Skip to content

Vietnam Devalues Dong for Second Time in 2015 to Aid Exports

Updated on

Vietnam Devalues Dong for Second Time in 2015 to Aid Exports

The State Bank of Vietnam devalued the dong for the second time this year in a bid to maintain export competitiveness and accelerate economic growth.

The central bank weakened its reference rate 1 percent to 21,673 dong a dollar, effective Thursday, it said in a statement. The Vietnamese currency is allowed to trade as much as 1 percent either side of the fixing. The dong fell 0.1 percent to 21,673 as of 3:27 p.m. in Hanoi, according to data compiled by Bloomberg.

“It’s very important for Vietnam to manage its export competitiveness,” said Dariusz Kowalczyk, a Hong Kong-based senior economist at Credit Agricole CIB. “The impact will not be strong because it’s only one percent but it will provide help to exporters at the margin and will support the country’s external position as well as economic growth.”

Vietnam recorded its slowest expansion in overseas sales in the the first four months of the year since 2010. The dong has declined 1.3 percent in 2015, putting the country’s exporters at a relative disadvantage to those in nations like Indonesia and Malaysia, whose currencies have fallen 5.7 percent and 2.9 percent, respectively.

Vietnam’s government bonds rallied after the devaluation. The yield on the five-year notes fell 17 basis points to 5.92 percent and that on the two-year securities dropped four basis points, or 0.04 percentage point, to 5.48 percent, according to daily fixings from banks compiled by Bloomberg. The country’s VN Index of stocks closed up 0.7 percent.

Growth Targets

The exchange rate was adjusted “to proactively implement social-economic development targets,” the central bank said in the statement. The currency was last devalued, also by 1 percent, on Jan. 7. Central bank Governor Nguyen Van Binh said in December that the regulator wouldn’t weaken the dong more than 2 percent in 2015.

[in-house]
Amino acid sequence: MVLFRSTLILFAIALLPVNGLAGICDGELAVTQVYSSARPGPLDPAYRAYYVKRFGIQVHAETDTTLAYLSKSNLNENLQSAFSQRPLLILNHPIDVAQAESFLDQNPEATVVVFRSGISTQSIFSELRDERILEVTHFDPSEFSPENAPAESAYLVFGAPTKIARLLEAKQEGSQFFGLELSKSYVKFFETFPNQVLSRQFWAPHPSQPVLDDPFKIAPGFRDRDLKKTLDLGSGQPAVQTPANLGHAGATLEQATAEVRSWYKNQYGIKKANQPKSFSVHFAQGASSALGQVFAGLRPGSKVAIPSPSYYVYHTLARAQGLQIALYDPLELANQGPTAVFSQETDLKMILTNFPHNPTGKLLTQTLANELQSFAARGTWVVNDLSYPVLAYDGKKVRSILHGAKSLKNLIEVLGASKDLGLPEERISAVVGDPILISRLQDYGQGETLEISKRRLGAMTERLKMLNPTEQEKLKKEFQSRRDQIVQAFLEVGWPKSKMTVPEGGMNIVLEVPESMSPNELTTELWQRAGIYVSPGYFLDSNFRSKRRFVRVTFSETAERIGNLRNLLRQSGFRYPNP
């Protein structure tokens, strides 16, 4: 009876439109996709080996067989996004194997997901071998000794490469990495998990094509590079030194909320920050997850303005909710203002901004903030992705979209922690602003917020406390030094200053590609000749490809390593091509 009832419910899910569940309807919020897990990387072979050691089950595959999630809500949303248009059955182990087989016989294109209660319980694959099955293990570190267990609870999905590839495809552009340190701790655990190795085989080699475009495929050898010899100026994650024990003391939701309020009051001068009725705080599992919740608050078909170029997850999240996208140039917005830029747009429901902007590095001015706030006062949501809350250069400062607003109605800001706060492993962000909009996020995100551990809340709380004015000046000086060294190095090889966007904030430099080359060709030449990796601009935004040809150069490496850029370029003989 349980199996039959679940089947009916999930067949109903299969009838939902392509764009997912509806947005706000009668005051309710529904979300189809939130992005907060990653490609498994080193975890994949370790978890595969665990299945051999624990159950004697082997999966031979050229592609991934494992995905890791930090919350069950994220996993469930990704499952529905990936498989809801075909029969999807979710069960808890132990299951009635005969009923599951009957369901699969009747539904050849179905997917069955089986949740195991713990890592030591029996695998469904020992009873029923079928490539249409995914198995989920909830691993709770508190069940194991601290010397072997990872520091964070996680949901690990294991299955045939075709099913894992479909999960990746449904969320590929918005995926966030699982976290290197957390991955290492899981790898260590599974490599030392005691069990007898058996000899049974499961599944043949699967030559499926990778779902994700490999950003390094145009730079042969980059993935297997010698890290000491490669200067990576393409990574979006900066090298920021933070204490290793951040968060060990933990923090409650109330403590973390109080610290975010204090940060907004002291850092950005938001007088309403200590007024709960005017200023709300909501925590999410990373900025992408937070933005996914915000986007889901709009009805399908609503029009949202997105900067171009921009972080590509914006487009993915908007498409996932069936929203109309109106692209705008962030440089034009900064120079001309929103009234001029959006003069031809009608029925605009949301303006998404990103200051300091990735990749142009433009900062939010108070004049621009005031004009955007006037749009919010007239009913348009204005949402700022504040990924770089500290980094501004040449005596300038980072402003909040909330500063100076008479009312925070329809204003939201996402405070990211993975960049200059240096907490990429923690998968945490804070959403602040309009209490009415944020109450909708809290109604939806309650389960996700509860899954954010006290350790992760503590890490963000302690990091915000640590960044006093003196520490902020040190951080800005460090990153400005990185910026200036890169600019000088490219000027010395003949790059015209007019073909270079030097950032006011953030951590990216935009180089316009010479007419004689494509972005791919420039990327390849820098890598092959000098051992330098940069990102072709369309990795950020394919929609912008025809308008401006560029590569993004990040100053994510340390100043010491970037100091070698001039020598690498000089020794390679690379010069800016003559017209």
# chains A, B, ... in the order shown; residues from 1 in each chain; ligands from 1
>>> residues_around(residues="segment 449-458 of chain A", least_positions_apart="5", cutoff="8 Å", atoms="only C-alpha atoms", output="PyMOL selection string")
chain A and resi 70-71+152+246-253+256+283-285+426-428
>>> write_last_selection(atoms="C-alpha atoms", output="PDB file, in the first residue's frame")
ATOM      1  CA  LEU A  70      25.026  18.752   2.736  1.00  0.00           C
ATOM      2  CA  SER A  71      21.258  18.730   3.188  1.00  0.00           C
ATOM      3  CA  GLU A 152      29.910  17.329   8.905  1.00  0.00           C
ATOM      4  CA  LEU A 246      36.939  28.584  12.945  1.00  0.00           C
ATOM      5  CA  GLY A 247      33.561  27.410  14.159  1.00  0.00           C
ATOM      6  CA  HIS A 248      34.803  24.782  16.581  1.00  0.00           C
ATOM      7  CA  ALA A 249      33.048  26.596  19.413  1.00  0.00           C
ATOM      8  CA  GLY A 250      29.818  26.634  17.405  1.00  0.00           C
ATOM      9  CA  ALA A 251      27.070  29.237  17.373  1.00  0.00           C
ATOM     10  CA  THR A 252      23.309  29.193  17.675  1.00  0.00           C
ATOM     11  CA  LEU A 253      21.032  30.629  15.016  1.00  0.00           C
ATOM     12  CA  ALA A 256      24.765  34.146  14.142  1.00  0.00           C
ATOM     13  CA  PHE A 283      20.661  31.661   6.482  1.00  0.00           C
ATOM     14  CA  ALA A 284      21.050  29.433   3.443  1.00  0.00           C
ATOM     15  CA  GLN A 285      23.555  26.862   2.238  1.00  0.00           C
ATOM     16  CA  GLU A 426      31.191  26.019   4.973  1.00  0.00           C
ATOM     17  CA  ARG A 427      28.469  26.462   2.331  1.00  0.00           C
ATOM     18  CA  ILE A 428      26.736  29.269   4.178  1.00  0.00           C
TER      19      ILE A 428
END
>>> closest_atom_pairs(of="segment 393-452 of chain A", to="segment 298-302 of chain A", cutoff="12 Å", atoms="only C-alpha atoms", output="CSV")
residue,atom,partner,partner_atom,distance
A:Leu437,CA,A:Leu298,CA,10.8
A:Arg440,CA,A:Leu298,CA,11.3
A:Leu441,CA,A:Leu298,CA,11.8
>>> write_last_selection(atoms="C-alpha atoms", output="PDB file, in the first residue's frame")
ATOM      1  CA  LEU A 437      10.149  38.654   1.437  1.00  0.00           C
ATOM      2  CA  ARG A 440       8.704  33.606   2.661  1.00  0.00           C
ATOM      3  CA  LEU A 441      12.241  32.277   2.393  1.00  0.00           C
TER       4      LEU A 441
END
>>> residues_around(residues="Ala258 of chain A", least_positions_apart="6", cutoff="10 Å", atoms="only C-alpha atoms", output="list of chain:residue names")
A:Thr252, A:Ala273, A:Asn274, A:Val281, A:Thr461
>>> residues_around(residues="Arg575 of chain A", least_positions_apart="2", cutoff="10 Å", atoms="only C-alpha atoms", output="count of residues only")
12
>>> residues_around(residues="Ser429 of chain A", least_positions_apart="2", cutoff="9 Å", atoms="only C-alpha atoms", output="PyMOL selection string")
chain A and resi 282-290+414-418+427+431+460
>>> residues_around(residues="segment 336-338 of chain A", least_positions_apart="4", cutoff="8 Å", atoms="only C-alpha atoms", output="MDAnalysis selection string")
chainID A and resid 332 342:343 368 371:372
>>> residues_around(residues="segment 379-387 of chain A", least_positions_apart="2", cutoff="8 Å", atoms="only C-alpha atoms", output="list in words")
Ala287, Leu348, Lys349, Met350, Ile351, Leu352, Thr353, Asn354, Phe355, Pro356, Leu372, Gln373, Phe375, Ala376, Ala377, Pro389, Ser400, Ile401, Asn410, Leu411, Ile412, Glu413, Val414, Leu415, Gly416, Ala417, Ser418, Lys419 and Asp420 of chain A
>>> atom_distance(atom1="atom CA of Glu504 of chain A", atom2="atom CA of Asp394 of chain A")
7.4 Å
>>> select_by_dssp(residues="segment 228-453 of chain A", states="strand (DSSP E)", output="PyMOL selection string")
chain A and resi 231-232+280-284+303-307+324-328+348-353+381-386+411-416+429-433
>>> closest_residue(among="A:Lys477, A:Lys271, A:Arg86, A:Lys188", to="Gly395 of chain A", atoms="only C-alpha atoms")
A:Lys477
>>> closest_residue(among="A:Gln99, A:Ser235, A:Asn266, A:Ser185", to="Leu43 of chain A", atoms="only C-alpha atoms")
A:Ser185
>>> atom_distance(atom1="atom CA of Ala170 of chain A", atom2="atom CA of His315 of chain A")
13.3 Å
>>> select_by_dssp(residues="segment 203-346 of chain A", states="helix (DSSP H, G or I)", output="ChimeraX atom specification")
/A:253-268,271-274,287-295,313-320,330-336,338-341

The decision happened “slightly earlier,” than expected, Paul Mackel, head of global emerging markets foreign-exchange research at HSBC Holdings Plc in Hong Kong, wrote in a research note Thursday. “We don’t expect further policy moves from the State Bank of Vietnam this year.”

Vietnam’s government is targeting a 10 percent increase in exports in 2015 to help achieve economic growth of 6.2 percent, compared with expansion of 5.98 percent in 2014. Overseas sales rose 8.2 percent in the four months through April and the country recorded a trade shortfall of $3 billion over the period, government data show. Shipments from manufacturers such as Samsung Electronics Co. boosted Vietnam’s exports by 13.6 percent last year.

‘Good Time’

“The devaluation is not a bad thing because there is some deterioration in the trade balance,” said Irene Cheung, a senior foreign-exchange strategist at Australia & New Zealand Banking Group Ltd. in Singapore.

Vietnam’s inflation has remained below 1 percent in the first four months of 2015, slowing from 5.45 percent at the beginning of last year, official data show.

The dong closed at 21,670 a dollar on Tuesday, near the 21,673 level that was the weakest it could trade at prior to the devaluation. It has closed within 0.4 percent of that level on every day over the last two weeks.

“It’s a really good time to devalue the currency because the pressure on the dong has been holding up for weeks, or even months,” said Alan Pham, the Ho Chi Minh City-based chief economist at VinaCapital Group, Vietnam’s biggest fund manager.

(Updates with bond and stock moves in fifth paragraph)